This isn’t your typical Christmas at the Lilly House. Unlike recent years, where the focus has been on recreating the decorating traditions of the 1930s and ‘40s, this year’s theme will turn to the first decade of the twentieth century for inspiration. It is a culmination of the year’s observance of the 100th anniversary of Oldfields.
The exhibit is free to the public, and is a great way to experience the magic of Christmas as it was celebrated over a century ago.
The large tree in the Great Hall emulates a photo that appeared on the cover of the December 1908 edition of Country Life in America, a magazine dedicated to such topics as interior design, architecture, home furnishings, etc. The original tree in the photo featured strands of tinsel garland in silver and gold; candles in green, pink, red and blue; textured glass ball ornaments; Santa figures, and miniature flags of all nations.
Smaller potted trees harken to the prevailing notion of the times that such plants could be planted in the landscape after Christmas. And on a property the size as Oldfields, there was quite obviously no shortage of space for large-scale planting.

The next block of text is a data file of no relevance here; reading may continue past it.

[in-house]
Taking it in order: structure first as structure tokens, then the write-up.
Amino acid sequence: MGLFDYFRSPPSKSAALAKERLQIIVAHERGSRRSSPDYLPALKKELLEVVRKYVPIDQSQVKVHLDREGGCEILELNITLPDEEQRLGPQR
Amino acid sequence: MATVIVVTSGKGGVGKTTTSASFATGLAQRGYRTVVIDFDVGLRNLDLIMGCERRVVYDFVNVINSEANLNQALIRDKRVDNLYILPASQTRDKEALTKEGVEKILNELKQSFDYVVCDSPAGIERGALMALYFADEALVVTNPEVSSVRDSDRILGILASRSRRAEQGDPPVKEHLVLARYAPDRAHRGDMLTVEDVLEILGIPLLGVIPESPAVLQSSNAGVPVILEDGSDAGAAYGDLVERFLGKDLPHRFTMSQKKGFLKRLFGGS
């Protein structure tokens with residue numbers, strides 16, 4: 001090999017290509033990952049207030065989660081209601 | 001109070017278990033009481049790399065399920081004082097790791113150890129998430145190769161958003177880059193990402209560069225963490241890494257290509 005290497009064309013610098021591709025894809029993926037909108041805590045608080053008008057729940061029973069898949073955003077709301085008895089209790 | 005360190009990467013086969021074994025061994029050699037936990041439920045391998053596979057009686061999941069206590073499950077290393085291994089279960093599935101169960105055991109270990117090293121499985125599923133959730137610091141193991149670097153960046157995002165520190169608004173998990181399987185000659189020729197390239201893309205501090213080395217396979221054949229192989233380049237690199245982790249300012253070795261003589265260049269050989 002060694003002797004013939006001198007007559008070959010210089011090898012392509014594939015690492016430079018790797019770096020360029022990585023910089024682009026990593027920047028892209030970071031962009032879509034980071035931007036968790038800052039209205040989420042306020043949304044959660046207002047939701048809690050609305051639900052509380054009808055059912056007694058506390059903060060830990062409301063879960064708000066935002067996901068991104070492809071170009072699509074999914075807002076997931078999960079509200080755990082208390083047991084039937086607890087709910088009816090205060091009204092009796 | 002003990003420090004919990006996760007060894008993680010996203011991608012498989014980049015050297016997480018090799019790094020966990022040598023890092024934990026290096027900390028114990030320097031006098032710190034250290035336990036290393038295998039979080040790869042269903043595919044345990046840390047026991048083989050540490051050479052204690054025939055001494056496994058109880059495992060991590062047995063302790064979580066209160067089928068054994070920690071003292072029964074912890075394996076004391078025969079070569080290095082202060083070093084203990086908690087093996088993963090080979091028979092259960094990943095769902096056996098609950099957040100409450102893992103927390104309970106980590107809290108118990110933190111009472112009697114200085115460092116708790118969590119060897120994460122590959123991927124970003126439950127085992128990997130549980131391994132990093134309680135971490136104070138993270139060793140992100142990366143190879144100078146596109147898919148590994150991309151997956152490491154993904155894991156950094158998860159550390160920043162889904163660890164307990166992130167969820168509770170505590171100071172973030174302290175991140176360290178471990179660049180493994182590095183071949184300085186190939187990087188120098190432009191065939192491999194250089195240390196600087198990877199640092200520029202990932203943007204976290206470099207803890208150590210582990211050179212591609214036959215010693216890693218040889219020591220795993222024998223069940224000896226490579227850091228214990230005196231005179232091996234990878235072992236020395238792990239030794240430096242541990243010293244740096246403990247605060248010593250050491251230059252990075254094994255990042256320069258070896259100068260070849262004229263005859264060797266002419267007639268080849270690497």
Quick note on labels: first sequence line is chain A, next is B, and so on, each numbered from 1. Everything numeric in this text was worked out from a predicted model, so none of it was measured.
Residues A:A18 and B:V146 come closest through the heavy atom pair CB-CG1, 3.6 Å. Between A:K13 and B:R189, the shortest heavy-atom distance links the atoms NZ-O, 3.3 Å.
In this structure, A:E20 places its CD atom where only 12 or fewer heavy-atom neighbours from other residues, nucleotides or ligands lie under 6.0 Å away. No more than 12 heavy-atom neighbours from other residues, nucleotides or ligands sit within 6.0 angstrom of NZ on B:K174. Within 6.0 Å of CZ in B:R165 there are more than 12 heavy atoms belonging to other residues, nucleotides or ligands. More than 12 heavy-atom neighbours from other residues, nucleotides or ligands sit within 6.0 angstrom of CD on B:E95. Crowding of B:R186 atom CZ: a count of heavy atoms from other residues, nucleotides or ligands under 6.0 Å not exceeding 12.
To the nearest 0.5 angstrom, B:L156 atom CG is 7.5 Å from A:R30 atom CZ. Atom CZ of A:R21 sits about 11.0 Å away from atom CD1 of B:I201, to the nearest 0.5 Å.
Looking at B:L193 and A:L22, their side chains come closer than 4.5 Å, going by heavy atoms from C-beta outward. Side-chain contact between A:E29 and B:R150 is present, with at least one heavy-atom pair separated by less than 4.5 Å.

The Library is filled with books Mr. Lilly chose from his favorite authors, including many rare books he began collecting in the 1920s. In the above photo, evergreen boughs and branches have been worked into ropes and wreaths, interspersed with colorful autumn leaves, an idea that might seem a tad unusual by today’s standards, but which is nevertheless a creative use of seasonal elements.
The Stair Hall features garland made of smilax and long-needle pine. Smilax is a slender with glossy foliage that was a very popular holiday floral decoration in the early twentieth century.
The exhibit reflects the growing commercialism of Christmas that was well underway during the first decade of the twentieth century. For it was right around this time that the country began to experience a growing wealth. This, along with a rise in manufacturing capability and a growing transportation network, allowed more people to afford such things as Christmas ornaments and holiday foliage as they became more widespread.
The emphasis during this time was on foliage and greenery. Various plants, trees and shrubs were also quite popular. These items were grown and cut from southern locations and then shipped in mass quantities to the northern and eastern states, where they would ultimately find their way into homes everywhere.
The Lilly House is worth seeing in its own right, and is one of the city’s most distinguished and historic attractions. The Lilly House at Christmas is even more special. Add this free exhibit to your holiday checklist.
- November 16, 2013-January 5, 2014
- Indianapolis Museum of Art, 4000 Michigan Road, Indpls.
- Admission is Free